For parents of children with cognitive disabilities, school is a welcome respite where their children are cared for and nurtured.
But for many of these parents, the end of high school is the wake-up call to a harsh reality: Suddenly their children have to learn to function in the real world, or the parents will have to take care of them forever.
That’s why 11 years ago special education teachers Kathy Farley and Mary Kennedy worked with their administrator, Dr. Jean Prindiville, to start the Transitions program in Highland Park. The program teaches students basic life skills such as how to cross the street, ride the bus, cook a meal and use a cell phone―all skills they will need to lead a more independent life.
Today, the three-year program has centers in Highland Park and Glenview, serving students ages 18 to 22. The program is run by the North Shore Special Education District, which is funded by 18 school districts.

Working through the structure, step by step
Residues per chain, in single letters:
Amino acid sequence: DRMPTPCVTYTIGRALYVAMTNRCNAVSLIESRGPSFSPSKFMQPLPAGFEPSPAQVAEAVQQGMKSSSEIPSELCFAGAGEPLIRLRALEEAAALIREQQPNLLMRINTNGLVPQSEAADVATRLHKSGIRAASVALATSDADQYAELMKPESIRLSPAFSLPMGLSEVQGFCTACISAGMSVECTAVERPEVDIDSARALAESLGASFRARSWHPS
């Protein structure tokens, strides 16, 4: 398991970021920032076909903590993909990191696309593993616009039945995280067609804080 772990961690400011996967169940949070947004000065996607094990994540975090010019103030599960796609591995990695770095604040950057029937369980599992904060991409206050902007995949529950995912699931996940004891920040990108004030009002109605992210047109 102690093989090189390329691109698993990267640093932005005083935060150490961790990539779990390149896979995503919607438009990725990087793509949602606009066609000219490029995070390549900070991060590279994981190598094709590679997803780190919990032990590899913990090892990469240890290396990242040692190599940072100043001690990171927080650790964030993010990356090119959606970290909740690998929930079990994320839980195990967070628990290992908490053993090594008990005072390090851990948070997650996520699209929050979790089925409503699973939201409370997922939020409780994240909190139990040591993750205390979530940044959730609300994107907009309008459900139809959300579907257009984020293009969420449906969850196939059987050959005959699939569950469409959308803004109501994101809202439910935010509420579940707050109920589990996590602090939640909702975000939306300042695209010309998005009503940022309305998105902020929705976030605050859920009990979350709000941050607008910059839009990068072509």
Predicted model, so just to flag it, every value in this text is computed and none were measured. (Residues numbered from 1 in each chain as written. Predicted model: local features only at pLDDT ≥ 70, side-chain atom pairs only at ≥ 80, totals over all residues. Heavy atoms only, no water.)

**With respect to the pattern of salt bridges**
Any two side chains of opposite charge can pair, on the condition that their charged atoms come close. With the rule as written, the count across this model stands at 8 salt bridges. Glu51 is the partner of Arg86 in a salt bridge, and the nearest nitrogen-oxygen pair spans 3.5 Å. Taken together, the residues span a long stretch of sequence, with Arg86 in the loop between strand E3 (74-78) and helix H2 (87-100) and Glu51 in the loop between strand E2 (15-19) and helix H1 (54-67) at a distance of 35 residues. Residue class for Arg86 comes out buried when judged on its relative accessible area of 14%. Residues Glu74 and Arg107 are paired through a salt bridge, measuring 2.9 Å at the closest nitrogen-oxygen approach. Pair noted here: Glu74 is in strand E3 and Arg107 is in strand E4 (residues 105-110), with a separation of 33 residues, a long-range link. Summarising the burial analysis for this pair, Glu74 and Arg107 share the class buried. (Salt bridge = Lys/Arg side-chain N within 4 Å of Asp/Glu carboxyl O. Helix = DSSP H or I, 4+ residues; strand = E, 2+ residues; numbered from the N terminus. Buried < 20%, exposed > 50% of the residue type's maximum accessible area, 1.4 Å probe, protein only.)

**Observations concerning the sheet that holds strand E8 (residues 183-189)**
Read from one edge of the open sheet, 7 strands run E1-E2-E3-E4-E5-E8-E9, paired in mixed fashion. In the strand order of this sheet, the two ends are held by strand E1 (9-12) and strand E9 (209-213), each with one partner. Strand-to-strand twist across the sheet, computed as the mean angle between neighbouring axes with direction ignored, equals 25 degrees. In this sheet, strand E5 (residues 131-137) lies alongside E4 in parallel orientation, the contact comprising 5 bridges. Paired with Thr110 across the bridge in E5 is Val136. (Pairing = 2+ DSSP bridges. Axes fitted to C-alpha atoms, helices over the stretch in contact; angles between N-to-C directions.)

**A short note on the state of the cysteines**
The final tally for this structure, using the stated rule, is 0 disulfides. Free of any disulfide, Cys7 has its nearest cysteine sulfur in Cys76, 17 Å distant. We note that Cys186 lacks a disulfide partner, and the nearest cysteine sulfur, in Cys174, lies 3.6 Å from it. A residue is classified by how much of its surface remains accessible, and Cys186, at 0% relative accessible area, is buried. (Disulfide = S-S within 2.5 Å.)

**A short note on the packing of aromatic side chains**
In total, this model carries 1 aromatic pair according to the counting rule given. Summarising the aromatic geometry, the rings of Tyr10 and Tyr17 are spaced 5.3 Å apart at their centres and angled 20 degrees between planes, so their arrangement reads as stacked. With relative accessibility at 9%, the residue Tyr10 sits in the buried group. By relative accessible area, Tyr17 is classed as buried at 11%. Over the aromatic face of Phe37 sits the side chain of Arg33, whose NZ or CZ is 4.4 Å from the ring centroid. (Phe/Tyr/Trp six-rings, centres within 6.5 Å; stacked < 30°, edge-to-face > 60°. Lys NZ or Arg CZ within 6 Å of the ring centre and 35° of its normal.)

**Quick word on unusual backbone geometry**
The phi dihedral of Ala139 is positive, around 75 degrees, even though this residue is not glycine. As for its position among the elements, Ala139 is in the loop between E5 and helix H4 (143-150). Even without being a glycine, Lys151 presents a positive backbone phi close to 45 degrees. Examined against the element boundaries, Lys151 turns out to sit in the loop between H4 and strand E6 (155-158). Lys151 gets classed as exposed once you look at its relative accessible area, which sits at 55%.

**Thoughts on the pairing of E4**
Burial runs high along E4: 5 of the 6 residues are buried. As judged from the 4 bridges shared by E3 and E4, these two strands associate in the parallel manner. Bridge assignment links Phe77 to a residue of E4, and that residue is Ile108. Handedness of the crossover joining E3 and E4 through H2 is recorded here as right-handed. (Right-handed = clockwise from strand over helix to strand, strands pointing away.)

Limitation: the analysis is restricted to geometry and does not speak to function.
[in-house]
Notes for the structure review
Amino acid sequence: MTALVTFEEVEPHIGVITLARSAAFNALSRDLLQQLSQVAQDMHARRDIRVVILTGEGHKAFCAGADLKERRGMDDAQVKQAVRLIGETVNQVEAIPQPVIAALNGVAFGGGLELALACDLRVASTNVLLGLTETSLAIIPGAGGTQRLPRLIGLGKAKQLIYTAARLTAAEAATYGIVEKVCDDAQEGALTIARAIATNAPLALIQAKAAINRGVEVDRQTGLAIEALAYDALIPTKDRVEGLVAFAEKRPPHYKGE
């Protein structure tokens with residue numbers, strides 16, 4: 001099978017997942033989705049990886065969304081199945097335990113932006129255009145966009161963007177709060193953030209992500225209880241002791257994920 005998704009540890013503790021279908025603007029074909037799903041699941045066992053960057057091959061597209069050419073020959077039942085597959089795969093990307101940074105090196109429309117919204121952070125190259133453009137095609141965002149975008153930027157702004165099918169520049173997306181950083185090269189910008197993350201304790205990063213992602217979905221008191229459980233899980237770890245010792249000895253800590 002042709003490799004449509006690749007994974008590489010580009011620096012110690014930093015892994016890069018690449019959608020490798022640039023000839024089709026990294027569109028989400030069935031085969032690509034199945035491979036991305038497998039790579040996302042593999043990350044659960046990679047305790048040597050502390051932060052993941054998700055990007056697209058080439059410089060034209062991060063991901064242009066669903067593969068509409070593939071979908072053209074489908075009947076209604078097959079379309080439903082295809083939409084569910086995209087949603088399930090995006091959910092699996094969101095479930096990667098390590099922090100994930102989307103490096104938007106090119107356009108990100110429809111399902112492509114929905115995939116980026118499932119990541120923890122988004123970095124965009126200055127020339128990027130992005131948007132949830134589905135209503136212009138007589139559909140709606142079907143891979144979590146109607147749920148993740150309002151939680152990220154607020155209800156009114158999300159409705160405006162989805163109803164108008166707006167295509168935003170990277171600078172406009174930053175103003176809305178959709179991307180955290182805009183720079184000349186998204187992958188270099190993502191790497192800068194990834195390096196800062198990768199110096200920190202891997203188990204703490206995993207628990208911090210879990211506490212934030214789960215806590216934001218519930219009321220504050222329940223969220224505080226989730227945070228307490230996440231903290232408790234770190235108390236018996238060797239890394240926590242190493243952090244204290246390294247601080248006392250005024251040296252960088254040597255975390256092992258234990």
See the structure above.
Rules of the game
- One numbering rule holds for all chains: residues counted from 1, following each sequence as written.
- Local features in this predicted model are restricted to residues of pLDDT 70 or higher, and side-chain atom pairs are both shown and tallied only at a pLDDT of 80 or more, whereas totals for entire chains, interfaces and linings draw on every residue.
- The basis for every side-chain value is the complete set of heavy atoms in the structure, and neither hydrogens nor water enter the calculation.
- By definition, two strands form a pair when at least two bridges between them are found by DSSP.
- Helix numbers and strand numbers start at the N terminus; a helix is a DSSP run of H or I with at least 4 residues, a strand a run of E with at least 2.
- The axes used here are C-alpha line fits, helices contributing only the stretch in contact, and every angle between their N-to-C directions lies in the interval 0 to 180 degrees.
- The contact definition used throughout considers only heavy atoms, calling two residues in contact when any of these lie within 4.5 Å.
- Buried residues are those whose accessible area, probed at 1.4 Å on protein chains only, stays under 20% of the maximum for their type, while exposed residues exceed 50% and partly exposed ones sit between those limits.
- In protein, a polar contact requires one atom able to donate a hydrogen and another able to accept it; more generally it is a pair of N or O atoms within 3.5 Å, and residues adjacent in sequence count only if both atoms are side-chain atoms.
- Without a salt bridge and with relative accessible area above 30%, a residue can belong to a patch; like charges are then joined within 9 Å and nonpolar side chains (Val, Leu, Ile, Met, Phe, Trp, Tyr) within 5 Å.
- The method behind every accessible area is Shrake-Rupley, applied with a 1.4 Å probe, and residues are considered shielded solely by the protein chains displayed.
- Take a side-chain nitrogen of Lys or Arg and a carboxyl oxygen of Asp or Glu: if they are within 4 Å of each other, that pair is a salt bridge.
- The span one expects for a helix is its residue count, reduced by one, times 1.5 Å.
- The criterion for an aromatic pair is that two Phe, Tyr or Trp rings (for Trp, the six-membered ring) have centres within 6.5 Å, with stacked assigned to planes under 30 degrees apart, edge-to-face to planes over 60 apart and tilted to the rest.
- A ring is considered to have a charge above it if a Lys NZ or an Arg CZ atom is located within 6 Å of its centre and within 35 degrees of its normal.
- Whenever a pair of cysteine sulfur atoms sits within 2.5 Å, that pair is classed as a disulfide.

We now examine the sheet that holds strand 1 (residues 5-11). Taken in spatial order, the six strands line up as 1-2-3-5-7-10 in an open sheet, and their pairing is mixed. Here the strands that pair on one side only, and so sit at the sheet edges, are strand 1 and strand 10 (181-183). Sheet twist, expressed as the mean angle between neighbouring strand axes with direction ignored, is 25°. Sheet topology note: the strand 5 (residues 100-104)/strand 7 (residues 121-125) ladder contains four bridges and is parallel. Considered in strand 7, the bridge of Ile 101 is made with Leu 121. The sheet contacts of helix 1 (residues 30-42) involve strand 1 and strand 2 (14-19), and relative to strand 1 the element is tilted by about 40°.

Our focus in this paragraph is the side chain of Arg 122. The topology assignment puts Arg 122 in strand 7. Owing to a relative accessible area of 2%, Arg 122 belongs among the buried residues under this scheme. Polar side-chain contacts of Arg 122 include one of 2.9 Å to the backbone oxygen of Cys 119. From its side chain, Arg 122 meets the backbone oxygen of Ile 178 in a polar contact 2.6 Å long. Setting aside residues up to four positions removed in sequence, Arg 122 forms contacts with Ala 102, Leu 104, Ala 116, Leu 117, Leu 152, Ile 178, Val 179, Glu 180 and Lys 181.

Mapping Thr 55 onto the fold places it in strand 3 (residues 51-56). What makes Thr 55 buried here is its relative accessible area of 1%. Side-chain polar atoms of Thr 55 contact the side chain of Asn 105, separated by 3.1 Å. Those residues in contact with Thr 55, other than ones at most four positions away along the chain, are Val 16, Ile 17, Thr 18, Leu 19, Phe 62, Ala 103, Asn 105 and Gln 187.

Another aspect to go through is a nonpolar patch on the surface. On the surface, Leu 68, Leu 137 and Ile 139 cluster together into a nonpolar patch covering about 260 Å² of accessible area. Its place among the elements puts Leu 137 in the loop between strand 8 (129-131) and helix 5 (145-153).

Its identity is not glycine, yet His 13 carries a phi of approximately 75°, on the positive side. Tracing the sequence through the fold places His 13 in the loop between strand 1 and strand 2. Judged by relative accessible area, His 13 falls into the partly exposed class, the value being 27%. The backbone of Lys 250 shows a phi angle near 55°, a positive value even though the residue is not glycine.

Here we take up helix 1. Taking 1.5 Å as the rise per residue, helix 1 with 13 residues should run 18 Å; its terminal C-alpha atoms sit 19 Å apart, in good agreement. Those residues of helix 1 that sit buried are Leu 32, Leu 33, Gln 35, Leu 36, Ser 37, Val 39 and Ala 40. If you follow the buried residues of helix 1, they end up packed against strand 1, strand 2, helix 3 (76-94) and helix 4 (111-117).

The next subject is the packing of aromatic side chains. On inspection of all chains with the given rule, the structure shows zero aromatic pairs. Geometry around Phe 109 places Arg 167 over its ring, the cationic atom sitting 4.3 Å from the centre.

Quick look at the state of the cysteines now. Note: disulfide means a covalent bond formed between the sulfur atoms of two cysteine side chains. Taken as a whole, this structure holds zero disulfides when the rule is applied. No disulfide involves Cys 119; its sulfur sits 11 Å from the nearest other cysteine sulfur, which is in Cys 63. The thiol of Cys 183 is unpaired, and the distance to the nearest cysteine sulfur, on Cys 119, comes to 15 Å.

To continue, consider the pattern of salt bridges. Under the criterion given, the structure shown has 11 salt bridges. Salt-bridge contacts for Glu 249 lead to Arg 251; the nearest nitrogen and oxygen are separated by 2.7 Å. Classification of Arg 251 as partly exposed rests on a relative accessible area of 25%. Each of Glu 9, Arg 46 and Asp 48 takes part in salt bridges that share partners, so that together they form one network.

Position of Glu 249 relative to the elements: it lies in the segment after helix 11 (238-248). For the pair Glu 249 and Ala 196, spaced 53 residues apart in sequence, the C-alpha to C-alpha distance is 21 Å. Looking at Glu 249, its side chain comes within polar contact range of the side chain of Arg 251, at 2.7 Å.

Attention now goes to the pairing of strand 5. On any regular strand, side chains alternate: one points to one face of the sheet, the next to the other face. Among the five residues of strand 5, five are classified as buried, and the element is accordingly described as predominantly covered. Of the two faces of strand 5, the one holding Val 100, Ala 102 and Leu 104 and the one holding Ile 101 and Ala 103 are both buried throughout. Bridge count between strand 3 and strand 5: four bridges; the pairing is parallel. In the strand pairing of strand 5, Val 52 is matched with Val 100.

Kathy and Mary say a large focus of the program is teaching students how to make choices and speak up for themselves. “So much of our students’ pasts were determined for them,” says Mary. “We make sure we always ask them: ‘What do you want to do?’ ”
Teachers take students to Dominick’s to practice shopping or to Starbucks to work on social skills.
Kathy says she’s proud of her students, many of whom have gone on to get jobs. “When they grasp what you’re teaching them, it’s really rewarding,” she says. “They are wonderful spirits.”